While the “Mission Accomplished” banner may have been raised prematurely before, as the omicron variant seems to be peaking, health experts are cautiously optimistic that COVID may be against the ropes in the US.
According to a new Reuters analysis of public health data, new coronavirus cases are falling significantly in parts of the US hit the hardest by the omicron variant, indicating that the virus may finally be on a more lasting retreat.
COVID-19 infections have decreased in 15 states plus Washington, DC, and Puerto Rico, an analysis of the past week showed as compared with the prior week.
In the Northeast, which saw some of the highest caseloads during the latest surge, infections are now down 36% week-over-week.
The drop was more modest at the national level, with the seven-day average of new COVID-19 cases falling 1%, according to the Reuters tally.
COVID-19 data often lag a few days behind the actual state of affairs.
“Certainly, it bodes well for us in terms of the trajectory of omicron,” said Wafaa El-Sadr, a professor of epidemiology and medicine at Columbia University in New York City.
While falling case numbers in parts of the country that were hardest hit by the variant offer tangible hope of turning a corner, infections are still on the rise across swathes of the United States.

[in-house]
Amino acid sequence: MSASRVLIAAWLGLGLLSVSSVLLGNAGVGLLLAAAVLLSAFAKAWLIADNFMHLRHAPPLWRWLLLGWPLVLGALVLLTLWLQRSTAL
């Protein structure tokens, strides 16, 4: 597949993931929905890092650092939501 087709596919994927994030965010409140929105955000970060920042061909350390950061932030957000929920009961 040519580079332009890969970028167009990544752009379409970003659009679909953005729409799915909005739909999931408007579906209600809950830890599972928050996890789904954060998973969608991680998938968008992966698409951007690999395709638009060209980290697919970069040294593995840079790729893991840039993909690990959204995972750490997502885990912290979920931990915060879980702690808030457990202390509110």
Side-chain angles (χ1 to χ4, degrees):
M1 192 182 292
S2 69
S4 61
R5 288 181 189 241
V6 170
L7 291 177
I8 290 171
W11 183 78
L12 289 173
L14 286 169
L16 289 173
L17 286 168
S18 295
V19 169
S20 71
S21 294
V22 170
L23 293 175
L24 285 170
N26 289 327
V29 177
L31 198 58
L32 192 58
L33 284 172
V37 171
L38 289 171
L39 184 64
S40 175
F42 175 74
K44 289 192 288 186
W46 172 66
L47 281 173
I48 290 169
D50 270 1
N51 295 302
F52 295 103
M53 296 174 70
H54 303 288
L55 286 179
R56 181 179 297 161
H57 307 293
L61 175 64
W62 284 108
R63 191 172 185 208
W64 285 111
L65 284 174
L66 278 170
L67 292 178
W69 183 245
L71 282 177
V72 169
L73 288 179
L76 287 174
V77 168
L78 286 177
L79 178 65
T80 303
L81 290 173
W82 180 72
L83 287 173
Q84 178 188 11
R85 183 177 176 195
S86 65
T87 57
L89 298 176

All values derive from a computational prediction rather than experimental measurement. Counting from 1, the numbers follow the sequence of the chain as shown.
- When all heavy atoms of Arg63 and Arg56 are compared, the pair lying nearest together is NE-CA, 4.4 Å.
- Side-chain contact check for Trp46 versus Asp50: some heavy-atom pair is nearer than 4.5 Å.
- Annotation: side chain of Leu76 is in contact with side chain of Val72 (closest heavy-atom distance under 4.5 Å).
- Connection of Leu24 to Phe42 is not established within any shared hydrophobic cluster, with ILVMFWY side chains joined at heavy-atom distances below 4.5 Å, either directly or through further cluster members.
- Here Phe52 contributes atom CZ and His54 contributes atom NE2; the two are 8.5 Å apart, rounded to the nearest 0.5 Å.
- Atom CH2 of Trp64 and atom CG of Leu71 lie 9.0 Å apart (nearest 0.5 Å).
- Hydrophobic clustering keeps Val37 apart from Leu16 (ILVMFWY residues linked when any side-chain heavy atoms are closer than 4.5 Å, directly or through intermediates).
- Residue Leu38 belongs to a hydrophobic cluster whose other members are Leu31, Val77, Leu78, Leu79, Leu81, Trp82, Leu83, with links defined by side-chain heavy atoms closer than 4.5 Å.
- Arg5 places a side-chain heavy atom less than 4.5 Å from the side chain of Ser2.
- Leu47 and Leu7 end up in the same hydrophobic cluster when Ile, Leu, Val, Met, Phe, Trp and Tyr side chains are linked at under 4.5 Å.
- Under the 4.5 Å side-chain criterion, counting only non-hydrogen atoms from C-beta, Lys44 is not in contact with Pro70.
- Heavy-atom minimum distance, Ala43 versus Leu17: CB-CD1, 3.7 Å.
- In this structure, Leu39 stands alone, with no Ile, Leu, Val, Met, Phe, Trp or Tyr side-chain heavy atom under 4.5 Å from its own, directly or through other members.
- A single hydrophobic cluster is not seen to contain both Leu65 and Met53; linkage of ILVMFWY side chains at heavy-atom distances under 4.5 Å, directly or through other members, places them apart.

Cases are still climbing in the Midwest, which has the highest week-over-week increase at 14%, followed by the South at 8% and Western states at 7%, although the increase has slowed considerably in recent weeks.
Nationally, cases are averaging a still high 765,000 a day, down from a peak of 805,000 on Jan. 15. Deaths, which usually lag about three weeks behind cases, are averaging 1,950 a day, up from 1,300 at the start of the month but well below the 3,300 lives lost a day during the surge in January 2021.
COVID hospitalizations, also a lagging indicator, hit a record high of 152,555, according to the Reuters tally, but have been showing signs of stabilizing around the 150,000 mark over the past week.
“We have to be cognizant that we’re not out of the woods, that there’s a glimmer of hope, there is light at the end of the tunnel,” El-Sadr said. “That light is closer or further away based on who you are and where you happen to be.”
The recent drop in cases in states like New York, New Jersey, and Rhode Island is not the only cause for optimism.
El-Sadr pointed to positive developments in the current fight against the pandemic, including that omicron has proven to be milder compared to other strains of COVID-19, the great protection of vaccines against severe illness, and the potential for mRNA vaccines to be adapted quickly to new variants.